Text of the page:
Ministry is tough. If you’ve been in ministry long enough, you know that dealing with the pressure of the grind is difficult. Sometimes you might even feel like you are out of balance and wonder if you’ll even make it at all. Over the years, I’ve found several things that work very well for me. I even joke that these things keep me “sane”…but the truth of the matter is, they do. These five things keep me healthy and help me stay the course. If you do these things, they will help keep you healthy (and sane) too!
1. Develop friendships that are outside of your work.
Sure, you should be friends with the people you live with and serve, but find some friends you can talk to about anything—and everything. You don’t need many—even two or three is plenty, but they can be invaluable. If you only have friends ‘inside’ the church, there’s always a dual relationship. So develop some friendships in which you can talk honestly. It’s healthy. An easy choice is to find a peer (pastor or key volunteer) in another church or community.
2. Engage in Recreation.
I have a hard time motivating myself to go to the gym, or doing any sort of recreation. I find it easier to work. And binge watch Netflix or Hulu (if I’m being honest). But the reality is that I’m better and healthier when I do engage in recreation. It actually makes me sharper, more disciplined and helps me be so much more effective in my work.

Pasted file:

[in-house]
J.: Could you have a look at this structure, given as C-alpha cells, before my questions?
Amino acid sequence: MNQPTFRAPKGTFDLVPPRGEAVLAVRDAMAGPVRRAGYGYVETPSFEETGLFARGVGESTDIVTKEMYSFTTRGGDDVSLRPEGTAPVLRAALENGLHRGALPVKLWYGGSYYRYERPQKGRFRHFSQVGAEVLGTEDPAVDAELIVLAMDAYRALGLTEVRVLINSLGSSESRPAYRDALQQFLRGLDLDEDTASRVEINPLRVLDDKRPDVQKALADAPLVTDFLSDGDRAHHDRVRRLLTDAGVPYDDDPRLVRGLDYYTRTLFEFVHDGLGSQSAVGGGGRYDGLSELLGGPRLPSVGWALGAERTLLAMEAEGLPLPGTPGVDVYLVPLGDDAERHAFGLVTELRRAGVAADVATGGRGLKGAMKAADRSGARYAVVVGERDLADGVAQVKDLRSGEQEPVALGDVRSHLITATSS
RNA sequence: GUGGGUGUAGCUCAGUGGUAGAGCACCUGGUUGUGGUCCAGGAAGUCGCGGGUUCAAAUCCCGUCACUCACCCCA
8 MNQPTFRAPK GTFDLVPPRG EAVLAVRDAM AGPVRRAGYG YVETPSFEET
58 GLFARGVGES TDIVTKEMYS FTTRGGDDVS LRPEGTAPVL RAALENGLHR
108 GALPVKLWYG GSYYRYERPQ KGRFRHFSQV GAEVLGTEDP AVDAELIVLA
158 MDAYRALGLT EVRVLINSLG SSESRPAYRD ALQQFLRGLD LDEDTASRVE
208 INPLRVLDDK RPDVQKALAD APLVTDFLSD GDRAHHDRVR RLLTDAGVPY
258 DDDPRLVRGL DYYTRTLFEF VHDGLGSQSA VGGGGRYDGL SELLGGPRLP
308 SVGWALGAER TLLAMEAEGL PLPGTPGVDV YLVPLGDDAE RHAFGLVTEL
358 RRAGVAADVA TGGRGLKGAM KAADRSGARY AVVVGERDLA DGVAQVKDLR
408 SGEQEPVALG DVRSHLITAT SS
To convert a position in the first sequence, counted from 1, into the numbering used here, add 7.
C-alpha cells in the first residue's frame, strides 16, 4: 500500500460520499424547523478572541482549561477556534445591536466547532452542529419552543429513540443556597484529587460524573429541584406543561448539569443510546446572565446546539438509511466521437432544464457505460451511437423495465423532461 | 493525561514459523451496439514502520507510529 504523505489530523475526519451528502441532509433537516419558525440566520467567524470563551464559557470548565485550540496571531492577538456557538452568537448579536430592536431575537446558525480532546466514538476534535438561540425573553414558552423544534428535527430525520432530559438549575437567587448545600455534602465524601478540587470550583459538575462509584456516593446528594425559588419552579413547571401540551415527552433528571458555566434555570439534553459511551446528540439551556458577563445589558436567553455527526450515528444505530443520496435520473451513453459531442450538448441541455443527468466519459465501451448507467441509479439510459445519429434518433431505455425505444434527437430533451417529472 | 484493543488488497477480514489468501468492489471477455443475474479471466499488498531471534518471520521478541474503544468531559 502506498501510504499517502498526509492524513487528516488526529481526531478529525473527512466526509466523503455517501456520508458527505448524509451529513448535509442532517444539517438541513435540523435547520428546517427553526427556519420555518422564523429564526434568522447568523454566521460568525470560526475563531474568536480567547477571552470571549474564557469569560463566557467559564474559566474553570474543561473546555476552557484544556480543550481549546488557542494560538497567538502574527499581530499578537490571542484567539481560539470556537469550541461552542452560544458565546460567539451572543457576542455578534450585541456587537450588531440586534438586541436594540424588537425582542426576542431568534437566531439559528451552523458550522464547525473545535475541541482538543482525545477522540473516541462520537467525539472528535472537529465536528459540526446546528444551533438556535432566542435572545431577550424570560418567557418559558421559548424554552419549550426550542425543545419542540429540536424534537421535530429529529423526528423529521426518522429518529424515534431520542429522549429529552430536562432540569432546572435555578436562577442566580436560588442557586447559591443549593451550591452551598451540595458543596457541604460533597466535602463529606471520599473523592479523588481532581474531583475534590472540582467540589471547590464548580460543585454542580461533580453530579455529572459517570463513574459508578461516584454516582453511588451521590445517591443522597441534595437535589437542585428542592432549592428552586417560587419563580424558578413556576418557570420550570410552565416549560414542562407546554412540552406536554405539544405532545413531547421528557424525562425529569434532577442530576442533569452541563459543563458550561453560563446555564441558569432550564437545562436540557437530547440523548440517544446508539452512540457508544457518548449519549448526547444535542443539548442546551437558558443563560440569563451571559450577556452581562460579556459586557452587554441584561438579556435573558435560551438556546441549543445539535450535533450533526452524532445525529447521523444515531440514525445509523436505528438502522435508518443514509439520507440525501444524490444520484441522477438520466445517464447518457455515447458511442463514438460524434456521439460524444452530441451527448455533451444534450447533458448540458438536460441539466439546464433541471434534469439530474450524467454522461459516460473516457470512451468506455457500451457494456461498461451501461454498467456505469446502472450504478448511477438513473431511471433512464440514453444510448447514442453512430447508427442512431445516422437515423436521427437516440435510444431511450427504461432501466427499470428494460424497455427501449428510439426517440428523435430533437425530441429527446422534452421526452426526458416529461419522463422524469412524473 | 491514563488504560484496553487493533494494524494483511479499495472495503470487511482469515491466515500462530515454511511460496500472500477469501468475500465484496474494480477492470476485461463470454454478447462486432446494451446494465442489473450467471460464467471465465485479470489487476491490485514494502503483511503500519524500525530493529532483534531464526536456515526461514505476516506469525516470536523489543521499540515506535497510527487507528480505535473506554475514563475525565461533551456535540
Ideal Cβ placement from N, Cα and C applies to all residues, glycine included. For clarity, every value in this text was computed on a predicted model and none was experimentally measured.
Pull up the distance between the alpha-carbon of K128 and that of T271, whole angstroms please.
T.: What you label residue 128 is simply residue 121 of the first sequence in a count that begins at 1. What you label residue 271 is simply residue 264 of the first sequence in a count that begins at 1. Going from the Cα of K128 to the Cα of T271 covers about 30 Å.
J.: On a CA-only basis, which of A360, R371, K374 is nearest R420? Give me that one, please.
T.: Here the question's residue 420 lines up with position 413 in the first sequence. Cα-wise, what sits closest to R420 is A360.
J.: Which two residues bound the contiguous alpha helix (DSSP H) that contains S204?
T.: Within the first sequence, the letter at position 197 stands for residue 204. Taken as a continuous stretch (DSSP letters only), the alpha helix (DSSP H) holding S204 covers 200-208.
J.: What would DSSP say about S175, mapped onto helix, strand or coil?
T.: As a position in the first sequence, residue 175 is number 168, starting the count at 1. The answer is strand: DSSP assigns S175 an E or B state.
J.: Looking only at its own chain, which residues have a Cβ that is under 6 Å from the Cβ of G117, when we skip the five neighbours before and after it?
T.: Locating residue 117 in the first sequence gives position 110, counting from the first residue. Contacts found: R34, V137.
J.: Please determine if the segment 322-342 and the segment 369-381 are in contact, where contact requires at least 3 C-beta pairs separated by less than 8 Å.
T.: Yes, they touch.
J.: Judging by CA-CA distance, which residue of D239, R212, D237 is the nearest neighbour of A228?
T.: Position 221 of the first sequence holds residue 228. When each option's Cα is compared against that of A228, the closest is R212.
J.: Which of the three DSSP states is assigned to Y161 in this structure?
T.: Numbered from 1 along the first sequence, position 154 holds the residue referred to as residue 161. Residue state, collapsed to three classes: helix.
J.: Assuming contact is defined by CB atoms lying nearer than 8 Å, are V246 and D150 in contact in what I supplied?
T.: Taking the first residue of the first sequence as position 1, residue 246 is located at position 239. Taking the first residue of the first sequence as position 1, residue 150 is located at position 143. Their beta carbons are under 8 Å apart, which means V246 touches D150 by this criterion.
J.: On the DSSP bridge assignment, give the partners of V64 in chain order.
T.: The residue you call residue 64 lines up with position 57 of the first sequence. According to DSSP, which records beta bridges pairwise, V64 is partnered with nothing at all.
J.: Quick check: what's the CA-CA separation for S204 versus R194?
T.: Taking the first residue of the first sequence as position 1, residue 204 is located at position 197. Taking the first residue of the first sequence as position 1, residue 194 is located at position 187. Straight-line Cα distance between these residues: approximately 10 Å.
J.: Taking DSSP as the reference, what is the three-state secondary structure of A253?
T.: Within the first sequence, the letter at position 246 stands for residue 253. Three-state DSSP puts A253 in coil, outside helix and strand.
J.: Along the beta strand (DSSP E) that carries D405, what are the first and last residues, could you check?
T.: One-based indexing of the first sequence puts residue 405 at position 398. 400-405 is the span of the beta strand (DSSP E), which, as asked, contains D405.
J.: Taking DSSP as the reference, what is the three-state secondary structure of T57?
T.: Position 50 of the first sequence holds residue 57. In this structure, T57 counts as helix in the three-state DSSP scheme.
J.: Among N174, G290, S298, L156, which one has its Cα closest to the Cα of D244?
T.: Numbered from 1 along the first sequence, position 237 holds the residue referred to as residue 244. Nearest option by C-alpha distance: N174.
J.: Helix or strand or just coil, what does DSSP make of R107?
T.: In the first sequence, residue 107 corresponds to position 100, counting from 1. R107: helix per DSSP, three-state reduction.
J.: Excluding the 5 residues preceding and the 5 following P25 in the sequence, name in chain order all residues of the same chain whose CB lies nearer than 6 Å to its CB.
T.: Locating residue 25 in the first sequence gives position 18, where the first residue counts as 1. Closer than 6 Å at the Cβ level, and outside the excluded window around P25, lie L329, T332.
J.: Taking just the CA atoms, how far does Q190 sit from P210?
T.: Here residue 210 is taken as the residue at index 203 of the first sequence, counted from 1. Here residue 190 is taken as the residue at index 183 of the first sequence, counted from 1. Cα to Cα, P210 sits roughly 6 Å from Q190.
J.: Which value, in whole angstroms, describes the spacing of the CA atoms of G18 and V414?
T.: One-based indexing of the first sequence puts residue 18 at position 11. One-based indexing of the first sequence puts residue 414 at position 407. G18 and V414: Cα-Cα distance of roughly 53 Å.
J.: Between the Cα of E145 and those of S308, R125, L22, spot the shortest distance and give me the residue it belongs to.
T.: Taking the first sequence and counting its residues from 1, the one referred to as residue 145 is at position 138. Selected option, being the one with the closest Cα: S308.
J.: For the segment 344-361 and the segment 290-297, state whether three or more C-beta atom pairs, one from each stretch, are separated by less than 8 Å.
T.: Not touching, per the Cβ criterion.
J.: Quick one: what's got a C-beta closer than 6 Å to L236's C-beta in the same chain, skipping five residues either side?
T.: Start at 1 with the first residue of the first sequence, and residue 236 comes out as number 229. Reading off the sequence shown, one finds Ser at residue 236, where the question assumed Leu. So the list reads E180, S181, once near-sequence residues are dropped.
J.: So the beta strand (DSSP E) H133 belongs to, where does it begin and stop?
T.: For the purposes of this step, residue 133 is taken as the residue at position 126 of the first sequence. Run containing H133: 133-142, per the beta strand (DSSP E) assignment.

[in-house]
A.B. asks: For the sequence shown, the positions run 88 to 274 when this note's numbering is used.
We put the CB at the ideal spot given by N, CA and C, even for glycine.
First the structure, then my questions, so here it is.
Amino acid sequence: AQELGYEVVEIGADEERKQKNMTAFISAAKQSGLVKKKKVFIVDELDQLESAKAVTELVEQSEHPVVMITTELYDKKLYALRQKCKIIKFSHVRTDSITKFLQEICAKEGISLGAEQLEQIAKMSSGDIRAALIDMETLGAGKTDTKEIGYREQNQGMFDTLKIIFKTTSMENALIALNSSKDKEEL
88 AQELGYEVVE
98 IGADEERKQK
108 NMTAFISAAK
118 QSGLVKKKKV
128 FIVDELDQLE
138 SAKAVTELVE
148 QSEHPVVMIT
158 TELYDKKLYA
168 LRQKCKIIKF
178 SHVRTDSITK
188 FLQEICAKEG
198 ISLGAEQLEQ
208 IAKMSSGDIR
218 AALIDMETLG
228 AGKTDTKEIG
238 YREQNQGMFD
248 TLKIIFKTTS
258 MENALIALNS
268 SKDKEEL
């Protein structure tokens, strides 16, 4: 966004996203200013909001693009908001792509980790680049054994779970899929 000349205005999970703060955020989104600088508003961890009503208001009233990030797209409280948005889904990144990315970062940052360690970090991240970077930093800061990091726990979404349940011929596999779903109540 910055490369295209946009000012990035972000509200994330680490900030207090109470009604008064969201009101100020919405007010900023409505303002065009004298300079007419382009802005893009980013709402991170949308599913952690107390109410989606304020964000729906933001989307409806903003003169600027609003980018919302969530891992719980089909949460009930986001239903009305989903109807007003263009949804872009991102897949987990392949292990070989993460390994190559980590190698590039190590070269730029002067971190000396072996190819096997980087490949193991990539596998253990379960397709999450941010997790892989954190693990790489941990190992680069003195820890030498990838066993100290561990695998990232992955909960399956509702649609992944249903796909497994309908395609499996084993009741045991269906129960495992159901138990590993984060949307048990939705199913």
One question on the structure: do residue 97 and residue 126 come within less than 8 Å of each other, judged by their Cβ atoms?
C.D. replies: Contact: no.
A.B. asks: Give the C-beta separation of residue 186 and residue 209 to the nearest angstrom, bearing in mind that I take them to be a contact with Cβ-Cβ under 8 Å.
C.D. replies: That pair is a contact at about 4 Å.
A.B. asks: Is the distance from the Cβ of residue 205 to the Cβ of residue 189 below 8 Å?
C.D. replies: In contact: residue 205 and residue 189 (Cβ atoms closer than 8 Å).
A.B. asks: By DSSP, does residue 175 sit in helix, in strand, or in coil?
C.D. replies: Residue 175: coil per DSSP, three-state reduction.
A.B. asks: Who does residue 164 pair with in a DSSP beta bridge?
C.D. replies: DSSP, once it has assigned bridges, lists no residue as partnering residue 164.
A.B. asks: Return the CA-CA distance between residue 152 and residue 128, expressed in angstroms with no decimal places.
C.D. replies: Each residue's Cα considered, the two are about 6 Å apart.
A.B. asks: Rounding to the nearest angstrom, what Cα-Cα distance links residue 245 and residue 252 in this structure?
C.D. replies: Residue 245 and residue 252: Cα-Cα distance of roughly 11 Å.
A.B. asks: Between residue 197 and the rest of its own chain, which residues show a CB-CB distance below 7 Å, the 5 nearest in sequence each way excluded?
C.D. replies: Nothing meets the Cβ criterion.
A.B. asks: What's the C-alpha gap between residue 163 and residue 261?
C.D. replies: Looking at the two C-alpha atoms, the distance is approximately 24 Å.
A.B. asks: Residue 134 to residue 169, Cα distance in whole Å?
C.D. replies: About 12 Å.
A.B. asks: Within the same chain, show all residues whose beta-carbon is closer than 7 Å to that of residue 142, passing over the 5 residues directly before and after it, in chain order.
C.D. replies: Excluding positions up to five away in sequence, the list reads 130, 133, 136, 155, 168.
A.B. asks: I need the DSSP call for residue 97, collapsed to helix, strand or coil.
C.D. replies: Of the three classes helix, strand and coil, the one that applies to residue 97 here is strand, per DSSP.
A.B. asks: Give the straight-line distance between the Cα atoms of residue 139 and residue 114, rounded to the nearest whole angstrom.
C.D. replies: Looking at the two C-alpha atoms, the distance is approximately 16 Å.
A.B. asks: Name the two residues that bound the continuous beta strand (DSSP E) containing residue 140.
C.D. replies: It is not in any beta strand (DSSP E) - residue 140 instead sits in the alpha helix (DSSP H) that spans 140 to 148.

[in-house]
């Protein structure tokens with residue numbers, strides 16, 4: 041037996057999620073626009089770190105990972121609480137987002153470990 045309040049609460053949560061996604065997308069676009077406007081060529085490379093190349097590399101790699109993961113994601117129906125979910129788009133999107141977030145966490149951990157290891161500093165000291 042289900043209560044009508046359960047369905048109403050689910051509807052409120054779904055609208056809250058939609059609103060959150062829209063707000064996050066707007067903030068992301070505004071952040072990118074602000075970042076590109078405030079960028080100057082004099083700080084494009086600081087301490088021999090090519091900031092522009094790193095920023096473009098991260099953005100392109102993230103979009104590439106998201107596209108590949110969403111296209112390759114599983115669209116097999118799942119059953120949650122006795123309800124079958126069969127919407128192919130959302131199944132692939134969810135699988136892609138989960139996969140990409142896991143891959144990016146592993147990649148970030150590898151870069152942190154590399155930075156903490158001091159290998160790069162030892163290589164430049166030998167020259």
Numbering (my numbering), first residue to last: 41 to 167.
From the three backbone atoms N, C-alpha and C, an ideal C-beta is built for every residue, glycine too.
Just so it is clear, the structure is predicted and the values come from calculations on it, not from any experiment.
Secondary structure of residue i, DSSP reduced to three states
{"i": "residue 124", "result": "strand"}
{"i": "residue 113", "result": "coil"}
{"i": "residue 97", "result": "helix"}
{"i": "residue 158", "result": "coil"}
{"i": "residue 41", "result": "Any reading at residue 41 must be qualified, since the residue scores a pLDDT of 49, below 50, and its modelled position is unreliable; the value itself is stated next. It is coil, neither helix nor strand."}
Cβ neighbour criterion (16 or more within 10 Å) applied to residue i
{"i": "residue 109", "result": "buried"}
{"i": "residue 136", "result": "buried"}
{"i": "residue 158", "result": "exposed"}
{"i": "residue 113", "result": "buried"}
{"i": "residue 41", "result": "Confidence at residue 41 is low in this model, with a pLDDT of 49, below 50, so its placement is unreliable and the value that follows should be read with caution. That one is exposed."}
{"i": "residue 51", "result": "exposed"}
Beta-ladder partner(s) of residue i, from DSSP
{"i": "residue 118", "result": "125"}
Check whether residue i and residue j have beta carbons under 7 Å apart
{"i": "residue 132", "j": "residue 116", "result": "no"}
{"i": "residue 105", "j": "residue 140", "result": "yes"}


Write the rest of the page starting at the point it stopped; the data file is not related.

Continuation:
3. See a Christian counselor.
There’s no shame in good therapy. I have a couple of close friends in ministry that I do life with, but I’ve sought out a Christian counselor several times in my ministry career and have no regrets about it. It’s healthy to share your struggles with someone who can help you with them, and doing so will keep you in ministry longer!
4. Develop a personal devotional life.
I would venture to say that many people in ministry have a hard time with developing their own personal devotional life. Here’s why: You get too busy to read your Bible. Or you ‘cheat’ and make your sermon or lesson prep your devotional time as well. Stop that! God loves you for who you are, not for what you do.
5. Develop interests outside of your work.
I talk to people in ministry every week. One of the questions I like to ask them is what they do with their free time? Almost every person I ask (no kidding here) laughs and says, “What free time?” Seriously people, get a life. One thing I love to do is travel (especially exploring cities I’ve never been to). Develop a hobby and allow yourself some time (we’re talking a few hours weekly) to engage in that hobby. Your work is of uber importance, but if you create space for your heart and mind to engage in something you enjoy, you’ll live a happier, richer life.
How are you experiencing the pressures of ministry? Are you dealing with it in a healthy way?